A painted sign reading, "Quiet Please."
Paul Mison [CC BY-SA 2.0], via Wikimedia Commons

November 25, 2019; The Conversation

Joseph Stinn, an assistant professor of Economics at Miami University, performed a study last year to examine whether individual donors cared about overhead. What Stinn found was that they do, but essentially only if and when it is brought up while they’re mulling their decisions.

In a study I conducted with economist Javier Portillo, we told participants to choose between two similar charities. The charity they chose would receive a donation of $100. Their choices varied according to how much their donation went to overhead.

The share who chose the first charity fell from 66 percent to less than 30 percent when the study’s participants heard that some of the donations they directed would be covering overhead expenses. This pattern held regardless of whether 20 percent or 50 percent of the donation went to overhead costs, and whether that overhead cost went to fundraising, salaries or both.

This would be very good news—if nonprofits and those associated with them would declare the very concept of “overhead” dead. A 2016 article from Claire Knowlton of the Nonprofit Finance Fund does an excellent job of recommending a break with the overhead paradigm, replacing that unhappy framework with one that speaks to the need to cover full costs. Knowlton linked to a famed open letter from the “big three” charity watchdogs—BBB Wise Giving Alliance, Charity Navigator, and GuideStar (now GuideStar by Candid)—explaining to American donors how poor of an indicator an overhead ratio is for a nonprofit’s impact and efficiency. But culturally embedded frames of reference can take a long time to break and replace, and sometimes, they need a full-on campaign.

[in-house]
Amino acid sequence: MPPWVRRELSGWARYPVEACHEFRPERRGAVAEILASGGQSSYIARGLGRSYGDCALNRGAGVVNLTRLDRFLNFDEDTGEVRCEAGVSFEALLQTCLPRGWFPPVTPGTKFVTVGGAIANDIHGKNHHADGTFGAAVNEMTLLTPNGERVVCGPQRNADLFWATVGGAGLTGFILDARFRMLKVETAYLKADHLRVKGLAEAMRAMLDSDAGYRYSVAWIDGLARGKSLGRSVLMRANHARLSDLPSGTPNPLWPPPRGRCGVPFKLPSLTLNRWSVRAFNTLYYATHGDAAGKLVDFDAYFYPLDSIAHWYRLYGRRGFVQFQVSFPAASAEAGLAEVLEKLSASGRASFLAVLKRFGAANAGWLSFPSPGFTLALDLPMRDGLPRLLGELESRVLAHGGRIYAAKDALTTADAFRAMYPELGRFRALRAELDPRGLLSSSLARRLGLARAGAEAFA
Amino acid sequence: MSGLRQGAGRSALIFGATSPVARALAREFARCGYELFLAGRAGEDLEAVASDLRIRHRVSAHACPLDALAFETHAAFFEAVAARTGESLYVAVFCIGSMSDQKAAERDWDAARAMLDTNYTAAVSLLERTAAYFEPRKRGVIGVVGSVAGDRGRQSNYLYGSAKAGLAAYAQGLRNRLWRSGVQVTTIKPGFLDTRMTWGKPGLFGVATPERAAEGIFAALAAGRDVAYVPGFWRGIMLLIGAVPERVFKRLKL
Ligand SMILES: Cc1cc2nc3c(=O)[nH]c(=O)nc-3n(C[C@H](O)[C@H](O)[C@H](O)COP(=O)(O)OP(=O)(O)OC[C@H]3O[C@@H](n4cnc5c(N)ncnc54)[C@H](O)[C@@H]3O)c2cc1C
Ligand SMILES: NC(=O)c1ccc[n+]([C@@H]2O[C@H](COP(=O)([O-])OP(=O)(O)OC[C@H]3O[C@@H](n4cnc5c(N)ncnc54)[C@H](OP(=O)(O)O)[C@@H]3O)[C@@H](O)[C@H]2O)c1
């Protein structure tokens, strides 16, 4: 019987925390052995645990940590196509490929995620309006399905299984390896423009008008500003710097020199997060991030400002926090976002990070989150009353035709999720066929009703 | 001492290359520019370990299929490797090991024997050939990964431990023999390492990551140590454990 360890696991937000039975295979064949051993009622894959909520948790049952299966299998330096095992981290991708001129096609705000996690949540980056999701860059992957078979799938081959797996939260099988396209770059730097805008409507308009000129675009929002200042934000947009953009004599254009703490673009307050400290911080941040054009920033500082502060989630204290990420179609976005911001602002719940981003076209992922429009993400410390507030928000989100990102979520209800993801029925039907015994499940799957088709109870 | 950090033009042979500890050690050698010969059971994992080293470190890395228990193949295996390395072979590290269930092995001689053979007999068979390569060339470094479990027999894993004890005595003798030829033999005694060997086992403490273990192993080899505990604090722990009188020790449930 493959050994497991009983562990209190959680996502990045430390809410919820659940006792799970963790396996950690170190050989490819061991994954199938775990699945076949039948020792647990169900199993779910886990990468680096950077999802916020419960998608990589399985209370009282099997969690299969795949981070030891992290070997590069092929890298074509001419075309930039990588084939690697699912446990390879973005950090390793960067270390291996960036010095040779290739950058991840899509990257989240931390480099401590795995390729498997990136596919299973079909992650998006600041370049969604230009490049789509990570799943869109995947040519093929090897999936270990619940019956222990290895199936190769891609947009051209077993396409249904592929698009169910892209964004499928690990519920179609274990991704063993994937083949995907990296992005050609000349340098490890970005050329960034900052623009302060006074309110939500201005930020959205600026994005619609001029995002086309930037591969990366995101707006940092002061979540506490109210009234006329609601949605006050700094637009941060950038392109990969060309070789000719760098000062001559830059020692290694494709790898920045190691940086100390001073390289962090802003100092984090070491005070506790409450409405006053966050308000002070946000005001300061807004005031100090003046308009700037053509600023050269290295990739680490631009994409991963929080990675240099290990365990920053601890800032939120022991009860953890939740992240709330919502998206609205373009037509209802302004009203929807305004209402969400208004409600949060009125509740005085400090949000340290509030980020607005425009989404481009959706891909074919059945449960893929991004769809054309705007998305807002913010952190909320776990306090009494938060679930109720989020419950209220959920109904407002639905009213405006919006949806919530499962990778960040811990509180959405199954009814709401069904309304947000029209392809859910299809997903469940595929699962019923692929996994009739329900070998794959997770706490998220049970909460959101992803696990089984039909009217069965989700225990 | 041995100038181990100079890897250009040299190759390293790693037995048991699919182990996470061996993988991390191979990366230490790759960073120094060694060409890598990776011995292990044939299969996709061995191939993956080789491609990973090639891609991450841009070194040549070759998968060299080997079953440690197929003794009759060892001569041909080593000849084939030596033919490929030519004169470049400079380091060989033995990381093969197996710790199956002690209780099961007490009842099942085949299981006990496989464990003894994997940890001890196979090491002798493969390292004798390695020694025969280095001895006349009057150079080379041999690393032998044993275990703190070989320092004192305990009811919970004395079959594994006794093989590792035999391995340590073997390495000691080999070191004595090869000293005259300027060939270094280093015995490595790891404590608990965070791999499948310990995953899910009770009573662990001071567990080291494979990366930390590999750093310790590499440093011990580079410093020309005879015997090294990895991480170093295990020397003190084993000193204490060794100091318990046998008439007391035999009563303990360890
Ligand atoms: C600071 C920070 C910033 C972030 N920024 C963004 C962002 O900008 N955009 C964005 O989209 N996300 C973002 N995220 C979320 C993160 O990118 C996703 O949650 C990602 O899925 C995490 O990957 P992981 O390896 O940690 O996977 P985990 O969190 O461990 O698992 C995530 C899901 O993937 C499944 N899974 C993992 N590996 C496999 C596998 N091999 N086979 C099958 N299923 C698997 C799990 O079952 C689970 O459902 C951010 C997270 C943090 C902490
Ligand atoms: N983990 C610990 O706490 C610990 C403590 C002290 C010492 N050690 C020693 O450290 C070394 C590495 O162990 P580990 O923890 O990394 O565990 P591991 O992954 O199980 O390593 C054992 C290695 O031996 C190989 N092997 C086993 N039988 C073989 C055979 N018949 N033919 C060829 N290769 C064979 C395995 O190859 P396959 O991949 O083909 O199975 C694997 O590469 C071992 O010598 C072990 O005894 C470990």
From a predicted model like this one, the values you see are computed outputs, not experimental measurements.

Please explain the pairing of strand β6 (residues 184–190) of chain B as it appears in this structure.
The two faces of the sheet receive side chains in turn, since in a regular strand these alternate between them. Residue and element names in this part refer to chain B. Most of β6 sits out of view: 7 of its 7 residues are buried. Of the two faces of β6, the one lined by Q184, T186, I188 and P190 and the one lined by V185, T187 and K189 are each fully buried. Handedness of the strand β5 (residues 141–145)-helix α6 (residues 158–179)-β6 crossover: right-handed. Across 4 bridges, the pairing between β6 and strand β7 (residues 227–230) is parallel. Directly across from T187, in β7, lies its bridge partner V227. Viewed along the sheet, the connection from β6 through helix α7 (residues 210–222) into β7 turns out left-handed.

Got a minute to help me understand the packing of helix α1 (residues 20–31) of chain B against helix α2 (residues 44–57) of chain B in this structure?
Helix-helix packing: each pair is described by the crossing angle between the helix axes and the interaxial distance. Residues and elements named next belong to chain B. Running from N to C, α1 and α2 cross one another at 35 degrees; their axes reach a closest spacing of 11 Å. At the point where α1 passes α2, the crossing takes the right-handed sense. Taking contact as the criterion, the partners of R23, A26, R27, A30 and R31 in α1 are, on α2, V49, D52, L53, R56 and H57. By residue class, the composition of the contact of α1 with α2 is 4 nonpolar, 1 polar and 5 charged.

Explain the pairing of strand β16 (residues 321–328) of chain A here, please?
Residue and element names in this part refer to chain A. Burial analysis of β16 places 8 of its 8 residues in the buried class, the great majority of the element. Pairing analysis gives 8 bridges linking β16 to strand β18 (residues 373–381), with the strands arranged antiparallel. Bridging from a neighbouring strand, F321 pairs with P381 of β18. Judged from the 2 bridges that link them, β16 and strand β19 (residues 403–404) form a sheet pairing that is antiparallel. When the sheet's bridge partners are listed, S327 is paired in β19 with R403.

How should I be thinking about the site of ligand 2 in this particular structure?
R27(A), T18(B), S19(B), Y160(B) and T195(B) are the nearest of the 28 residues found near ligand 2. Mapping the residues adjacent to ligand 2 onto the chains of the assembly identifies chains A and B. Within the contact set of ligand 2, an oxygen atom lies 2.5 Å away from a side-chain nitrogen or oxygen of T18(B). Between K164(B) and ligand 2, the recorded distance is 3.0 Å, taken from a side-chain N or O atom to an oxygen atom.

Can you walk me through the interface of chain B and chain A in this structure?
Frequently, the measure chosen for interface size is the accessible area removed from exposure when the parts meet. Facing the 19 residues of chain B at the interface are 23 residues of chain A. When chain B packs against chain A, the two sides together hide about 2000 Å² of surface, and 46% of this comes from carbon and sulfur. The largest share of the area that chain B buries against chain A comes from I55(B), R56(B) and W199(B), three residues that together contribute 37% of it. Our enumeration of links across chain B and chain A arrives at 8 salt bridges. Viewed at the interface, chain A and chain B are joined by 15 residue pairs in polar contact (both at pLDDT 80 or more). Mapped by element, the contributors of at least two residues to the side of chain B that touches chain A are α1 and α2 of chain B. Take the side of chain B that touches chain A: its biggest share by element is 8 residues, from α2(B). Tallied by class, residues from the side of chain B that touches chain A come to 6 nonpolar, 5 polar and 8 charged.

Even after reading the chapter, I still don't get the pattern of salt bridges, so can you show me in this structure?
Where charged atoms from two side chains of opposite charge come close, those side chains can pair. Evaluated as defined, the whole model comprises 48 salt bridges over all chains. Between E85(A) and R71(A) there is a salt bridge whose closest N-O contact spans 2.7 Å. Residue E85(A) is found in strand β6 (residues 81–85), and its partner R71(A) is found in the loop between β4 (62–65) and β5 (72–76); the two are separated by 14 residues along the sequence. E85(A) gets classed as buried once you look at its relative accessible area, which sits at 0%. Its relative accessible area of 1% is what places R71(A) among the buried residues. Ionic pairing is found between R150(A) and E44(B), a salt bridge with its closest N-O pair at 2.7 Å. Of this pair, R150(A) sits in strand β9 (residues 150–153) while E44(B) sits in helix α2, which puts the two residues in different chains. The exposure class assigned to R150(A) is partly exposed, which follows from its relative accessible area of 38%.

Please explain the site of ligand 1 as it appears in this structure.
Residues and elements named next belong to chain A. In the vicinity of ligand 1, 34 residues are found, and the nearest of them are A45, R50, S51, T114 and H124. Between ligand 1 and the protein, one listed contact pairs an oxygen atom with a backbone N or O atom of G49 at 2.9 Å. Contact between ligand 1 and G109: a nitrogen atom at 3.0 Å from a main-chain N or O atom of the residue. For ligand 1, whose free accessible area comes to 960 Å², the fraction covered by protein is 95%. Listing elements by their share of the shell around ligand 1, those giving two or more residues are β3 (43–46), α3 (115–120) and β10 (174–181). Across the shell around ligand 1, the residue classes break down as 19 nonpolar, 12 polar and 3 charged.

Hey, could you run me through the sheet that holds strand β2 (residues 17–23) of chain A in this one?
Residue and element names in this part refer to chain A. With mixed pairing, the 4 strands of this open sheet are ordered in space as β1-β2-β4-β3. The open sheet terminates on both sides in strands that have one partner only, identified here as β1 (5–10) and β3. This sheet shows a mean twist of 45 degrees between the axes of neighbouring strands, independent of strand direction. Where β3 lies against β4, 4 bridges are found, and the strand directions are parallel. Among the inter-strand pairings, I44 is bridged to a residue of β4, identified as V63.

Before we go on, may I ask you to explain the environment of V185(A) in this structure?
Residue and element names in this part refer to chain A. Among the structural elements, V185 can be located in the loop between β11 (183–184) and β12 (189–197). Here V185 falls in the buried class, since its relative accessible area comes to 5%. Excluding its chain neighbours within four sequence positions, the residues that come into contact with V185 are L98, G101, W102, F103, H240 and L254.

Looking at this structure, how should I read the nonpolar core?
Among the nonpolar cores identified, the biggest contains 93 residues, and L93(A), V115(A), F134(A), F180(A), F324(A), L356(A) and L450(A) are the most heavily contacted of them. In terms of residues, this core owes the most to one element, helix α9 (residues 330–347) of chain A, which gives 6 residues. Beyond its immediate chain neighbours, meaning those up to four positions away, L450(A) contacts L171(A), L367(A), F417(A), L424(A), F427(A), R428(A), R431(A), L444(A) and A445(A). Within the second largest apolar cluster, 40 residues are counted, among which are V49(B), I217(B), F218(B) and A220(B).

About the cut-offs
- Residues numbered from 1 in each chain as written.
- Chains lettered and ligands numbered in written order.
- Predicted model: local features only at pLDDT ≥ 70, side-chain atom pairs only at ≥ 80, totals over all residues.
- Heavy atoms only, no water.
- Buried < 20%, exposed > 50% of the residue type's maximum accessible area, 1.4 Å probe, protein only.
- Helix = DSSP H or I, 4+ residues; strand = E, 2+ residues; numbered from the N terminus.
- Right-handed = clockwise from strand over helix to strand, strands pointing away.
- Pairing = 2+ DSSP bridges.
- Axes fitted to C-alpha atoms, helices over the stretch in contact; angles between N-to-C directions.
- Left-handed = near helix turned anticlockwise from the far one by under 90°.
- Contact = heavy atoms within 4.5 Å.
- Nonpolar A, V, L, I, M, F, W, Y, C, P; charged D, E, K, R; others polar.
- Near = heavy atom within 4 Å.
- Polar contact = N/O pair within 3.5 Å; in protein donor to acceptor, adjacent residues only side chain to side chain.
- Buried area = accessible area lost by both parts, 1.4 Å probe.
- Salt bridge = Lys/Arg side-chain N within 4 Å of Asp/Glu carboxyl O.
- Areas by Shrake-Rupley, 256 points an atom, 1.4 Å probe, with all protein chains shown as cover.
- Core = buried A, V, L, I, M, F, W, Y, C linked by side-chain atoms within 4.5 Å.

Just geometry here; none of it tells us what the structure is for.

In 2018, NPQ dove into several different studies showing the general negative attitude toward nonprofit spending on overhead, and the idea that overhead spending was perceived as a “waste.” The author of that piece, Keenan Wellar, trumpets a charge to nonprofits to lead instead of just defend against these pervasive misconceptions, which are still very much alive a year after Stinn’s study and Wellar’s call.

Stinn’s article in The Conversation brings equal parts good and bad news: It shows that if nonprofits stop talking about overhead, donors make decisions on other terms, but also that nonprofits can do more harm than good when they boast of low overhead rates as a proxy for worthiness. To make matters worse, those who do make claims to extraordinarily low overhead are often fudging the facts or worse to some extent, harming other nonprofits who do not do so in the meantime.

As Wellar suggests, nonprofit leaders must take the lead in changing the discourse surrounding overhead and spending. Take the time to encourage the local media to write about the monitoring of “overhead” as old fashioned and counterproductive. Ask the United Way to be a conduit for that message and, very important, embed all of this in an integrity message. This will be especially important for smaller and more local nonprofits—the ones that can’t afford to be held hostage to self-harming standards in our appeals for funds.— Ruth McCambridge and Sarah Miller